"I'm a little disappointed in how things rolled out from the organization," said Committee Chairman and City Clerk Craig Croner. "The way [the Women's March is] organized is disruptive, to say the least."
At the root of the committee's concerns is its change in leadership. When the Women's March was founded, shortly after the inauguration of President Donald Trump in 2016, the Boise chapter was headed by Colette Raptosh and Nora Harren, both of whom were in high school at the time, and are now college students. They have since handed off responsibility for the march to current high school students, who did not attend the special events meeting, which was held during school hours.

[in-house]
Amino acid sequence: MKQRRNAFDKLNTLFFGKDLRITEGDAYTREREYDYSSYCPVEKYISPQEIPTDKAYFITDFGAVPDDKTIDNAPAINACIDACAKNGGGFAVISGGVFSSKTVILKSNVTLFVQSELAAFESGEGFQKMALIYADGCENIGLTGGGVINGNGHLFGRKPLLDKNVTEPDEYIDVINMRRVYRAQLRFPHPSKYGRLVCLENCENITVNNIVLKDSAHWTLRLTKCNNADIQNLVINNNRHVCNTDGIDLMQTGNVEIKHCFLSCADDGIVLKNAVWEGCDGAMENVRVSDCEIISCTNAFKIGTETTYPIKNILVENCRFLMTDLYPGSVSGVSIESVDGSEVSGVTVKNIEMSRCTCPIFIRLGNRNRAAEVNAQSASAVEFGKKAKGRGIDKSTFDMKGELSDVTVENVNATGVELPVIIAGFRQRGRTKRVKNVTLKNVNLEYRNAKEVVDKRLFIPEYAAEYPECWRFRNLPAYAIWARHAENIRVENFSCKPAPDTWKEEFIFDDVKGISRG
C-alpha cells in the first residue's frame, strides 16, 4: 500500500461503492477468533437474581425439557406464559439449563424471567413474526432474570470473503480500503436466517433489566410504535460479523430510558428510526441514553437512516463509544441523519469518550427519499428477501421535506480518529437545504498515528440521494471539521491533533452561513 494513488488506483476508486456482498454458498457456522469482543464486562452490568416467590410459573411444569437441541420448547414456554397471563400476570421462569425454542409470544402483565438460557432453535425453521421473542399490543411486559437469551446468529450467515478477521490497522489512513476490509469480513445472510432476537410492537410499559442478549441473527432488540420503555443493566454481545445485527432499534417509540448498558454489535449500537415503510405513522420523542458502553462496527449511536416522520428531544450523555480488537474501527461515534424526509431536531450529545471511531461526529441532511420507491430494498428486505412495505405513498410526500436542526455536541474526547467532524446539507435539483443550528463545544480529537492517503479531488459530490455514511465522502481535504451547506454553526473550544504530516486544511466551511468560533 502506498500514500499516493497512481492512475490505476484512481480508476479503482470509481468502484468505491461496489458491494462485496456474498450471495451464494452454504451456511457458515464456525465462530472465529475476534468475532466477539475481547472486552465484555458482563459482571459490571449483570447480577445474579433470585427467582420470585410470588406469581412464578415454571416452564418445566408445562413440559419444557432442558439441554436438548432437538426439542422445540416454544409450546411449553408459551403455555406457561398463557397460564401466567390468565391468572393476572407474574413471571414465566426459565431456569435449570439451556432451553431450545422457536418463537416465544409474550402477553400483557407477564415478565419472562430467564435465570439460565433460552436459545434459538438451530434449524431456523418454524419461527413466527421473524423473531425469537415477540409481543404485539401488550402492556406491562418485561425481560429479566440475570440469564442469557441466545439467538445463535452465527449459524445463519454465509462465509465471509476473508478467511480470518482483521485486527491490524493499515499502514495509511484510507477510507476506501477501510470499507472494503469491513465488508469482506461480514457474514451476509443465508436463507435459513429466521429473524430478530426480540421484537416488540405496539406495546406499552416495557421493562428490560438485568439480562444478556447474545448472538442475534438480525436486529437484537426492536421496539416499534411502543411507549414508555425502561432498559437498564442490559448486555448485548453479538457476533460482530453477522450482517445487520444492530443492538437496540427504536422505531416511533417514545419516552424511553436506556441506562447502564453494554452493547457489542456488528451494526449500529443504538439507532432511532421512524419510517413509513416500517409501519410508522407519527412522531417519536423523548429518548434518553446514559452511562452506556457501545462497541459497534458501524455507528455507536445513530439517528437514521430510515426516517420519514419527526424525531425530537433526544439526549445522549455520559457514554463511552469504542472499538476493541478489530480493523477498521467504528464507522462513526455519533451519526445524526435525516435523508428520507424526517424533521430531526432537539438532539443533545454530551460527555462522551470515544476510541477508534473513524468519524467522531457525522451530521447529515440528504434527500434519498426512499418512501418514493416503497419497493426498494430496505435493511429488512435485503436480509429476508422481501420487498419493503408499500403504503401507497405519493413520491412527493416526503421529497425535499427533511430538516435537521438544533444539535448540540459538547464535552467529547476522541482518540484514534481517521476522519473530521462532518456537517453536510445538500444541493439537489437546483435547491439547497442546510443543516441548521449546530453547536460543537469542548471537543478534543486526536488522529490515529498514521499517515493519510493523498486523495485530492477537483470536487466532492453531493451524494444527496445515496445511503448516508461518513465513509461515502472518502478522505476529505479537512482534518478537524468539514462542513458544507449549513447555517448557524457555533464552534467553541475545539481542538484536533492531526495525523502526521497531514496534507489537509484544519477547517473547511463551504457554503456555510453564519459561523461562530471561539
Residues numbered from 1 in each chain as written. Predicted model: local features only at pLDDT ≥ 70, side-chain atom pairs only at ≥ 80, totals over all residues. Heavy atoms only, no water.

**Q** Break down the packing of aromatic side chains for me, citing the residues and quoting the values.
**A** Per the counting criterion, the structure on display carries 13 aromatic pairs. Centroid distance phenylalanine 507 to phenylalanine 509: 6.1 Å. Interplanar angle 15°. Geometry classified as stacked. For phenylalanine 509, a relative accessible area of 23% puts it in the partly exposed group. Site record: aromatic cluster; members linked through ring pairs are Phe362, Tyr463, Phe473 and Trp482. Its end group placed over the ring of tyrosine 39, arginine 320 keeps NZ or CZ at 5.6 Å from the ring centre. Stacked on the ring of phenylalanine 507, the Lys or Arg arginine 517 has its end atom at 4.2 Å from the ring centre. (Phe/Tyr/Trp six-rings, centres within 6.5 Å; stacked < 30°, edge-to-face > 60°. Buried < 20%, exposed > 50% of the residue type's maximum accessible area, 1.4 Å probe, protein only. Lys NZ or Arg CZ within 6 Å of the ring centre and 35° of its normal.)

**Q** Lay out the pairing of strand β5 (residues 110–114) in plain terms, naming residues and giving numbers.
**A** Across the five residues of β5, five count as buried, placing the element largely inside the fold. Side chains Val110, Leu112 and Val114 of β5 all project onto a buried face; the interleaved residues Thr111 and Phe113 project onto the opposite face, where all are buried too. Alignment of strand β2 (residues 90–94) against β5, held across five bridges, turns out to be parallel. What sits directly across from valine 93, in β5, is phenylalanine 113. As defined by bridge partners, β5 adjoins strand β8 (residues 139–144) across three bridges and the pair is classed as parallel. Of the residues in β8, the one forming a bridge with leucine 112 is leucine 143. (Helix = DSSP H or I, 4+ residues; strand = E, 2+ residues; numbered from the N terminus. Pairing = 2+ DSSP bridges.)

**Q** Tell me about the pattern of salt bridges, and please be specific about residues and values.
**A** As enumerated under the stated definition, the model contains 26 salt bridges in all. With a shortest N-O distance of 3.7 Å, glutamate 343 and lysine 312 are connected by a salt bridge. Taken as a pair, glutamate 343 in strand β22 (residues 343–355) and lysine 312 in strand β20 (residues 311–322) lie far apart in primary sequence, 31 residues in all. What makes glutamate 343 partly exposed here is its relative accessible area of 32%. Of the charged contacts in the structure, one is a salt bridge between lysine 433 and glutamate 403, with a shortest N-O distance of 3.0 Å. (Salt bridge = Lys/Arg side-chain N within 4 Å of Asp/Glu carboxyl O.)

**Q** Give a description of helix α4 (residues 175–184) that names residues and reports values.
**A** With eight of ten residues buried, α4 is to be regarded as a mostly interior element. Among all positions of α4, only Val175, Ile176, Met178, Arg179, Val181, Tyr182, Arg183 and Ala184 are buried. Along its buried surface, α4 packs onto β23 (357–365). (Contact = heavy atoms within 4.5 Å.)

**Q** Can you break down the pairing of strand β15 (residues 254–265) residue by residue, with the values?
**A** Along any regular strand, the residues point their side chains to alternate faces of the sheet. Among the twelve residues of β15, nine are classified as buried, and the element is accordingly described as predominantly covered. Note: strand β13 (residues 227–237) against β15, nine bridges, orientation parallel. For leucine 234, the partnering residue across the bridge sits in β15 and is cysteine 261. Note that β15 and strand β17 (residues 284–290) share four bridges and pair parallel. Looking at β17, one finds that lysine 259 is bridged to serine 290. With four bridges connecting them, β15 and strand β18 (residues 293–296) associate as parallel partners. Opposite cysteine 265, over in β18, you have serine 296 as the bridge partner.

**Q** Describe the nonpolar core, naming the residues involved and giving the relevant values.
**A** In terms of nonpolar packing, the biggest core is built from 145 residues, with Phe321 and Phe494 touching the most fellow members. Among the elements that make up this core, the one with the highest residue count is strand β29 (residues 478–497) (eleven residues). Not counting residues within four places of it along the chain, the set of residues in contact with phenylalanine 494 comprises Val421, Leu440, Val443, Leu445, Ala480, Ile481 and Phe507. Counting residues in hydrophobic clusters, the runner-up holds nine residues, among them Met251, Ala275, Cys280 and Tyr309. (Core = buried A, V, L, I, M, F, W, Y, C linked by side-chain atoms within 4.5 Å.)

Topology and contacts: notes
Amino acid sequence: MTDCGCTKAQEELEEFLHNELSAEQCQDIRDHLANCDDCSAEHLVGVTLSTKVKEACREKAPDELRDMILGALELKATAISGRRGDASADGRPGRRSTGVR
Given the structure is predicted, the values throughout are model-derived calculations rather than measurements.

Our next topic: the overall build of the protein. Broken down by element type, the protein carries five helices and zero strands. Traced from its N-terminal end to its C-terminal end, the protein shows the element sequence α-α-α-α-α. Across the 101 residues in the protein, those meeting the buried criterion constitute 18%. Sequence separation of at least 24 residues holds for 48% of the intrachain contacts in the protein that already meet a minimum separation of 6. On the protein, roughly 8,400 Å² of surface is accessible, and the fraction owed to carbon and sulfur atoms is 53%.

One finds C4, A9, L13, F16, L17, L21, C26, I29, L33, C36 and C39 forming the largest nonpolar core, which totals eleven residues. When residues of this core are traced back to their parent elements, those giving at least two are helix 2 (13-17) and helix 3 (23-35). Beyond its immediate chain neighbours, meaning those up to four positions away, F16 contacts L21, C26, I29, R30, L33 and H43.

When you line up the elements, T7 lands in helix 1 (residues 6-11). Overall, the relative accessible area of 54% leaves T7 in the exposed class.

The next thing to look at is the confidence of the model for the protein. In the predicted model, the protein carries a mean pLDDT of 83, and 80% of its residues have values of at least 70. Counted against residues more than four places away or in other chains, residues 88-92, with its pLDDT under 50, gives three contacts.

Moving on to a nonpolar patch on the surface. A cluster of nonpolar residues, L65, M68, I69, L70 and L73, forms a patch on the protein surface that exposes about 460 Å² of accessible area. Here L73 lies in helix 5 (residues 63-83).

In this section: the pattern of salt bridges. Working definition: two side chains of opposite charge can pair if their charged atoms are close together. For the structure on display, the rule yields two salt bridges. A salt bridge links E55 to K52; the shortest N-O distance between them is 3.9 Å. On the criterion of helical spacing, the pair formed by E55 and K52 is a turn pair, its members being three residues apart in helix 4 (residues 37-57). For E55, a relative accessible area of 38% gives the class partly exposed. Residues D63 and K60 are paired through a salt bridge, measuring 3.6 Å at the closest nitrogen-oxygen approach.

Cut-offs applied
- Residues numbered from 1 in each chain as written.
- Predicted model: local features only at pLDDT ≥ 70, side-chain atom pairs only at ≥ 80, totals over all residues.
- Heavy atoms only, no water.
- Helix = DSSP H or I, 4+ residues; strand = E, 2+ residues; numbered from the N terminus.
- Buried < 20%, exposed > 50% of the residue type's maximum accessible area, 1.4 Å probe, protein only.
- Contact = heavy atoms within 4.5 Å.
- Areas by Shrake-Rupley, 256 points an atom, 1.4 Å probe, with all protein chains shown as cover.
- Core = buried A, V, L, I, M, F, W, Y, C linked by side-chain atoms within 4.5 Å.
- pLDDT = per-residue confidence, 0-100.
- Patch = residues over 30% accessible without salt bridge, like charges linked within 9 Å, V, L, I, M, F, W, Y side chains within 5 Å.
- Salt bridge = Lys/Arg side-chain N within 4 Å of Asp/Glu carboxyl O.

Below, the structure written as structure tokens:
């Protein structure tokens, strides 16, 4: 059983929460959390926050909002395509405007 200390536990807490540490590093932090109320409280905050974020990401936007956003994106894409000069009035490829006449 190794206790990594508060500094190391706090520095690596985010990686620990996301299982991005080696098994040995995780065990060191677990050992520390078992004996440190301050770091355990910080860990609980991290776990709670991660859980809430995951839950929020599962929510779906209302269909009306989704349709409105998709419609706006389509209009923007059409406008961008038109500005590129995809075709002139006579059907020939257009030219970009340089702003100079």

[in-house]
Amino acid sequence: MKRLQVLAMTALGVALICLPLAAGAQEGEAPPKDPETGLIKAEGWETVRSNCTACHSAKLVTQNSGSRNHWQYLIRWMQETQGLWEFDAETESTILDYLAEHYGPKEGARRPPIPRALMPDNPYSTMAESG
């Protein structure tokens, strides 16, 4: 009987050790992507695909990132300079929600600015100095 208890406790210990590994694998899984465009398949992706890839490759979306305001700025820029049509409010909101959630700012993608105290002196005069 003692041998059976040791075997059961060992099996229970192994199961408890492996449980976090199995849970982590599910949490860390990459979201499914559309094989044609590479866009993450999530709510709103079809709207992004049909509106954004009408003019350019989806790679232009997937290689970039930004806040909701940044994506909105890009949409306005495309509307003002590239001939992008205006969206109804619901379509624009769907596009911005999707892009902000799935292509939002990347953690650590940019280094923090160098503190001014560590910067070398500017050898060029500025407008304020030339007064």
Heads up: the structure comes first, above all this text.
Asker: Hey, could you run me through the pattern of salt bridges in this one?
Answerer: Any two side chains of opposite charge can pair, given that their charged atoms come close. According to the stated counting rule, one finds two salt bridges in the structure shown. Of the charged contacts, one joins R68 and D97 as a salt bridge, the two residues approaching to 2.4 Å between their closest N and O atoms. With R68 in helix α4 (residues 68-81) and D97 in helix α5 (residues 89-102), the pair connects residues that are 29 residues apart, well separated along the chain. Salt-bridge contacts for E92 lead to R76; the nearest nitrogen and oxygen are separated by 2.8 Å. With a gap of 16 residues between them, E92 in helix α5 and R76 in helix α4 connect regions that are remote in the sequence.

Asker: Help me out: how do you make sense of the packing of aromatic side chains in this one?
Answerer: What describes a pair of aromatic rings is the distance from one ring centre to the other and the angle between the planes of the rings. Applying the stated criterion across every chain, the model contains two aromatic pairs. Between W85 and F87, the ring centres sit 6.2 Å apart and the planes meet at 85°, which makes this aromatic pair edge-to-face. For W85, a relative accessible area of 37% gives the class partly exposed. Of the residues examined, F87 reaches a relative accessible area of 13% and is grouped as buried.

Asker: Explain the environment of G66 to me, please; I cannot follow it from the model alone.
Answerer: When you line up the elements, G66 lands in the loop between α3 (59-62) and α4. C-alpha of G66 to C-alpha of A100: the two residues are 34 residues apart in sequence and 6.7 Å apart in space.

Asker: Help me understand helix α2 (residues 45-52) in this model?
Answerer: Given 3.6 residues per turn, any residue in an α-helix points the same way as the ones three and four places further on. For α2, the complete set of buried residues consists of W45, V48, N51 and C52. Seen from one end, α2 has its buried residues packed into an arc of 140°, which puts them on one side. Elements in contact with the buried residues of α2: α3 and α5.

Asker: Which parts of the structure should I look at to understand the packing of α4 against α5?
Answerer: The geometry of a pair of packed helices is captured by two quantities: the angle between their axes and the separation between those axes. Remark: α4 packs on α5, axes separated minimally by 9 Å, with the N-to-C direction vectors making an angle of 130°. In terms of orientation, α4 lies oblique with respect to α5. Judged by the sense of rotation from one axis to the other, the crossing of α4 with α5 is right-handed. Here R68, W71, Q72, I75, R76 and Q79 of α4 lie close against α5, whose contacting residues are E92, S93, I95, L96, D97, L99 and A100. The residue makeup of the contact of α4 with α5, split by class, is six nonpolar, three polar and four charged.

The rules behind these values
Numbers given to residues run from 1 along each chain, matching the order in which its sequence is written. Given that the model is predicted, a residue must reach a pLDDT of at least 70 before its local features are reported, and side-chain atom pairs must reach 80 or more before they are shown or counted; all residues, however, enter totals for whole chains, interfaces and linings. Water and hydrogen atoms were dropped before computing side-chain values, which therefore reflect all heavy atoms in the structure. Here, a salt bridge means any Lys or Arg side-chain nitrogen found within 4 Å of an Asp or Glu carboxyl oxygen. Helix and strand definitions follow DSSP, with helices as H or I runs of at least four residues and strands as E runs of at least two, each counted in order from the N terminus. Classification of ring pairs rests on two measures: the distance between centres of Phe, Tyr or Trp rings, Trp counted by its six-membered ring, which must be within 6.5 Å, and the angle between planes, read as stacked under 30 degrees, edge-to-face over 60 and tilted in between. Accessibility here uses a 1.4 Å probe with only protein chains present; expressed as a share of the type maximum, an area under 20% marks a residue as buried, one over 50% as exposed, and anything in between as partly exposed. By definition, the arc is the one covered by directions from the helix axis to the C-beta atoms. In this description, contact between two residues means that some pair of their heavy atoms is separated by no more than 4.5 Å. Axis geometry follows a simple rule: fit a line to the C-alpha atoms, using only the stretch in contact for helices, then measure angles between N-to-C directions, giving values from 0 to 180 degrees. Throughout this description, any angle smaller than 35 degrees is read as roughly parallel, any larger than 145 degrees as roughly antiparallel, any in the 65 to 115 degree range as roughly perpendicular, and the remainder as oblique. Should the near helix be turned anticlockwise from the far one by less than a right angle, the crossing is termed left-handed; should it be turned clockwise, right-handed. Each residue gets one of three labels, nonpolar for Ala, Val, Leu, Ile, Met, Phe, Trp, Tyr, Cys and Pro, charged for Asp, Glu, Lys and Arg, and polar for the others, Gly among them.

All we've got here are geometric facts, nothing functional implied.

Originally a spontaneous demonstration, the Women's March has grown into an annual event, with organizers approaching the City of Boise months in advance to obtain the necessary permits for a staged event and march.
Nevertheless, committee members expressed frustration that the spontaneous feel of the Women's March had leaked into the planning of the event. Organizers have reportedly been difficult to contact, and march route changes and other tweaks have made obtaining the proper permits and permissions a hassle.
"If I had my druthers, I'd pull the event right now," said Ada County Highway District Representative John Wasson, who processes applications that may affect traffic or close roads.